Global metabolomic profiling of acute myocarditis caused by Trypanosoma cruzi infection
EntityUAM. Departamento de Biología Molecular
PublisherPublic Library of Science
10.1371/journal.pntd.0003337PLoS Neglected Tropical Diseases 8.11 (2014): e3337
ISSN1935-2727 (print); 1935-2735 (online)
Funded byThis work was supported by ‘‘Ministerio de Ciencia e Innovación’’ (SAF2010-17833); ‘‘Fondo de Investigaciones Sanitarias’’ (PS09/00538 and PI12/00289); ‘‘Red de Investigación de Centros de Enfermedades Tropicales’’ (RICET RD12/0018/0004); European Union (HEALTH-FE-2008-22303, ChagasEpiNet); ‘‘Universidad Autónoma de Madrid’’ and ‘‘Comunidad de Madrid’’ (CC08-UAM/SAL-4440/08); AECID Cooperation with Argentine (A/025417/09 and A/031735/10), Comunidad de Madrid (S-2010/BMD-2332) and ‘‘Fundación Ramón Areces’’
ProjectComunidad de Madrid. S2010/BMD-2332/INDISNET; info:eu-repo/grantAgreement/EC/FP7/223034
Subjectsmetabolomic profiling; myocarditis; glucose transport; tryptophan metabolism; Chagas disease; Biología y Biomedicina / Biología
Rights© 2014 Gironès et al.
Esta obra está bajo una Licencia Creative Commons Atribución 4.0 Internacional.
Chagas disease is caused by Trypanosoma cruzi infection, being cardiomyopathy the more frequent manifestation. New chemotherapeutic drugs are needed but there are no good biomarkers for monitoring treatment efficacy. There is growing evidence linking immune response and metabolism in inflammatory processes and specifically in Chagas disease. Thus, some metabolites are able to enhance and/or inhibit the immune response. Metabolite levels found in the host during an ongoing infection could provide valuable information on the pathogenesis and/or identify deregulated metabolic pathway that can be potential candidates for treatment and being potential specific biomarkers of the disease. To gain more insight into those aspects in Chagas disease, we performed an unprecedented metabolomic analysis in heart and plasma of mice infected with T. cruzi. Many metabolic pathways were profoundly affected by T. cruzi infection, such as glucose uptake, sorbitol pathway, fatty acid and phospholipid synthesis that were increased in heart tissue but decreased in plasma. Tricarboxylic acid cycle was decreased in heart tissue and plasma whereas reactive oxygen species production and uric acid formation were also deeply increased in infected hearts suggesting a stressful condition in the heart. While specific metabolites allantoin, kynurenine and p-cresol sulfate, resulting from nucleotide, tryptophan and phenylalanine/tyrosine metabolism, respectively, were increased in heart tissue and also in plasma. These results provide new valuable information on the pathogenesis of acute Chagas disease, unravel several new metabolic pathways susceptible of clinical management and identify metabolites useful as potential specific biomarkers for monitoring treatment and clinical severity in patients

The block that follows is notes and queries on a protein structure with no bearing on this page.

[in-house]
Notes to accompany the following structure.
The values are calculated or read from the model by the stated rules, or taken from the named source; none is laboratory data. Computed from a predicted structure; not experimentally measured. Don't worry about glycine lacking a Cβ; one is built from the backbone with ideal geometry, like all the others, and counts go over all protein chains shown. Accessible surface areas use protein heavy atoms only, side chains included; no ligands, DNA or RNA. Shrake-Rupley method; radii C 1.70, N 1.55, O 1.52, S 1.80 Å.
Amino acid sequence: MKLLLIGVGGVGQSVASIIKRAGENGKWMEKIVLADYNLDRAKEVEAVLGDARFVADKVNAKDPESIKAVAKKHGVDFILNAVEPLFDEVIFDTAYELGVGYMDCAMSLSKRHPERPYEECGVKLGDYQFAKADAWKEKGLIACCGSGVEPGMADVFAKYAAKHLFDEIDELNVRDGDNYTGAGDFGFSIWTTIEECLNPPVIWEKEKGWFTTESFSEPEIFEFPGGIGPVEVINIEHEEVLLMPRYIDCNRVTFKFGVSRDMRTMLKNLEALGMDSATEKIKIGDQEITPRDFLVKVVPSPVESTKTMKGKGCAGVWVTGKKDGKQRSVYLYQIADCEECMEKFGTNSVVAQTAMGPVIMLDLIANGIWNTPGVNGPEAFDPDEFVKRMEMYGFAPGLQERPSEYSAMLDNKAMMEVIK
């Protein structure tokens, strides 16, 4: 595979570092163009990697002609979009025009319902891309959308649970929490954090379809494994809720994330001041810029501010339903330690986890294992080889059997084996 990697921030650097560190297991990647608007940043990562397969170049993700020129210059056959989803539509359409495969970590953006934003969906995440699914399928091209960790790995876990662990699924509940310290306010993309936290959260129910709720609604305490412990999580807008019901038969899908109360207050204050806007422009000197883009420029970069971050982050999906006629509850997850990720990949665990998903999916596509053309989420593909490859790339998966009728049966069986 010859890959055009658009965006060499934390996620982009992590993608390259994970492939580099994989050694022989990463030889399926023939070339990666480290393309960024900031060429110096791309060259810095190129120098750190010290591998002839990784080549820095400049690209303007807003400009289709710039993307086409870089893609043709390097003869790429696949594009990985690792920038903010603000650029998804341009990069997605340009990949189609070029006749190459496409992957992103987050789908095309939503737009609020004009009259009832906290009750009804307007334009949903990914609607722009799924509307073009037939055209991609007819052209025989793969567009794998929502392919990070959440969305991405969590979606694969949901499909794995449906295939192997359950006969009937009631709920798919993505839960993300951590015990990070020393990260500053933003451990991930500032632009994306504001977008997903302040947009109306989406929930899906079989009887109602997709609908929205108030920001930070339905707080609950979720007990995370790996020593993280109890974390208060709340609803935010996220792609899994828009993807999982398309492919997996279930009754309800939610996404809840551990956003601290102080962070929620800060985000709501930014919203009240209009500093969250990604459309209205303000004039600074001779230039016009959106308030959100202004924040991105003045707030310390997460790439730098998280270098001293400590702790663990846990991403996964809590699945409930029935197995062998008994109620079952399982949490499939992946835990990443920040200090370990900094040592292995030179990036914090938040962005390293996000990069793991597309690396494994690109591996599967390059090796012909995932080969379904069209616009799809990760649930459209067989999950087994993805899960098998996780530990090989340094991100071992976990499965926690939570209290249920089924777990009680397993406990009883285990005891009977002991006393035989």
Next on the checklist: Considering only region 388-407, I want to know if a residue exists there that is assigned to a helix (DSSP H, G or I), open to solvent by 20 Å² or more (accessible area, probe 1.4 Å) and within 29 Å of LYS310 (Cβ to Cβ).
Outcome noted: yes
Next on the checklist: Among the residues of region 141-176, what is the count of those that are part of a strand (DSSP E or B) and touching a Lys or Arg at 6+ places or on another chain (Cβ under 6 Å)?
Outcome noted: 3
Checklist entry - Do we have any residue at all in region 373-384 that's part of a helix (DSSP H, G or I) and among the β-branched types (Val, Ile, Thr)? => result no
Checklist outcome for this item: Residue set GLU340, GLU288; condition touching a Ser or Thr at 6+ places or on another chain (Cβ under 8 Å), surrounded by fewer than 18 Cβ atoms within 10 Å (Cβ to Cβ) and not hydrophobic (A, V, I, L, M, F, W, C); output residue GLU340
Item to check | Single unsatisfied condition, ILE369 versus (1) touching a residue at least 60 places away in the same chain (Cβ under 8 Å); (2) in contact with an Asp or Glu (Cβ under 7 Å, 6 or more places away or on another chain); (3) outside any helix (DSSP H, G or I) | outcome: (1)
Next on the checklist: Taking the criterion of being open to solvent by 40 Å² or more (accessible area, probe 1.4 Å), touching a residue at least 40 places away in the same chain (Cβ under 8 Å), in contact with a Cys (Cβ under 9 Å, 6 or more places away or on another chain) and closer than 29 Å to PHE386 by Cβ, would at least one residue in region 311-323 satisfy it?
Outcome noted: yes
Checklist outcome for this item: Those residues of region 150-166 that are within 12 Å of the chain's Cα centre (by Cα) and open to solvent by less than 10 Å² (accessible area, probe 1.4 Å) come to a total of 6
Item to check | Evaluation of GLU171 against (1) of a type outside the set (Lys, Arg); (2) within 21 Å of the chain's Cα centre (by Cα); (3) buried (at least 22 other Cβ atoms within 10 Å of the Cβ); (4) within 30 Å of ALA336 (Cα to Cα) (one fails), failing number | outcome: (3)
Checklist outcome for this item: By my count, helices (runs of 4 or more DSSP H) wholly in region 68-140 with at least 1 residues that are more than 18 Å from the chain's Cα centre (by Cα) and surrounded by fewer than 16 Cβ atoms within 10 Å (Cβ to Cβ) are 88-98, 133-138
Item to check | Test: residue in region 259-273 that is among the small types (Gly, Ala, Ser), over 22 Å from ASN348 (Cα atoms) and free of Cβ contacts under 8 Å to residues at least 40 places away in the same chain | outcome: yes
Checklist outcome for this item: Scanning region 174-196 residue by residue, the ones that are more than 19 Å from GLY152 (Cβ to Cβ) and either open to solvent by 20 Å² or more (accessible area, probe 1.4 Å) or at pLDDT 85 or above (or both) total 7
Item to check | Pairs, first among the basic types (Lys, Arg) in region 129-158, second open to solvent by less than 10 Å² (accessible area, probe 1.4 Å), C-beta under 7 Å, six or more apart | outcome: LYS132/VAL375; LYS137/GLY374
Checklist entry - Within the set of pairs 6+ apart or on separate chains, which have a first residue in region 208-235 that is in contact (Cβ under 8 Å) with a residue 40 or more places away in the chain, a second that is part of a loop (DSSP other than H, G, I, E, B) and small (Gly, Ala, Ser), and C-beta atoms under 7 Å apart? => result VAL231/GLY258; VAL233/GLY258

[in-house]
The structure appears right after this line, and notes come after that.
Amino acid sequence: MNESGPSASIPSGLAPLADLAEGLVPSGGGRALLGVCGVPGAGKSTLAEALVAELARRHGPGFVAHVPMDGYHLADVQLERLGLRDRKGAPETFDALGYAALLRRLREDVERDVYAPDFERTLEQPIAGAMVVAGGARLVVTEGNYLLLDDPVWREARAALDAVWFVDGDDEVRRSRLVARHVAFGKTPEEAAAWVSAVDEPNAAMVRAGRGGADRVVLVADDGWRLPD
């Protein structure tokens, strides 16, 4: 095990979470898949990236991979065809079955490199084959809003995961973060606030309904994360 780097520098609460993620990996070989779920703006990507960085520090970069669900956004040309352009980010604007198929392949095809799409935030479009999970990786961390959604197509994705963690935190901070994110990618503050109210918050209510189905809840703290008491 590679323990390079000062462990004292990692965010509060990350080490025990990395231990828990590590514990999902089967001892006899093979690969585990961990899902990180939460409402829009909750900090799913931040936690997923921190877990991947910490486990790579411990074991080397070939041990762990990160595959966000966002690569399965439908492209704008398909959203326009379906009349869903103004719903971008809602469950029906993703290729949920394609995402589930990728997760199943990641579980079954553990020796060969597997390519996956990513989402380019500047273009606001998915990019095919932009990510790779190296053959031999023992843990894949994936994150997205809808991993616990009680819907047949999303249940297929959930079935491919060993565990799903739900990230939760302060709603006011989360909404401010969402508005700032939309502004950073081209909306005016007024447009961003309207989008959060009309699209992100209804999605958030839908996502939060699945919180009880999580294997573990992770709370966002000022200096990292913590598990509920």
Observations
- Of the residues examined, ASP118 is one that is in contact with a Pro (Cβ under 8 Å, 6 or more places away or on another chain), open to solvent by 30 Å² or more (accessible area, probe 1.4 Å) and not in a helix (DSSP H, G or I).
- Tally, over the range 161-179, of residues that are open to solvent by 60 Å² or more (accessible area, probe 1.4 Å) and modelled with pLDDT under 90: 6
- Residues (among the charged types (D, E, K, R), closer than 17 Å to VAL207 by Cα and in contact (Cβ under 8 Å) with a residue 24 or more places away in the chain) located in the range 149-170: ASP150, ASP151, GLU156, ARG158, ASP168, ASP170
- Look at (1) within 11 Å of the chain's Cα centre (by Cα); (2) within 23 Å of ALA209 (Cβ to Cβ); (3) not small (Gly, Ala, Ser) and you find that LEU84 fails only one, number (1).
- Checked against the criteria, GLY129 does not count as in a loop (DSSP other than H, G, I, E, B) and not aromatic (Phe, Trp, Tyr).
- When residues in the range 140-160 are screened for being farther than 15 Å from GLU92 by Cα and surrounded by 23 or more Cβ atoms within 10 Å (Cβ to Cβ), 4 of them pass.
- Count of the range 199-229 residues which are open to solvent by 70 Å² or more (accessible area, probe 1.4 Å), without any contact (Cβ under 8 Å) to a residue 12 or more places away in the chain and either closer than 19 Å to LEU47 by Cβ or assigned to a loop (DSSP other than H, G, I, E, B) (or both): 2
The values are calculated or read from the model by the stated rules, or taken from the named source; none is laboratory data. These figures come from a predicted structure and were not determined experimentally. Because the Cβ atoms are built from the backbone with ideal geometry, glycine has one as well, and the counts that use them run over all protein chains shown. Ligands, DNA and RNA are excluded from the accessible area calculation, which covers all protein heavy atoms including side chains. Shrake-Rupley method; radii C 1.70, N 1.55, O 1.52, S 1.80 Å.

Google Scholar:Gironés Pujol, Nuria - Carbajosa, Sofía - Guerrero, Néstor A. - Poveda, Cristina - Chillón-Marinas, Carlos - Fresno Escudero, Manuel
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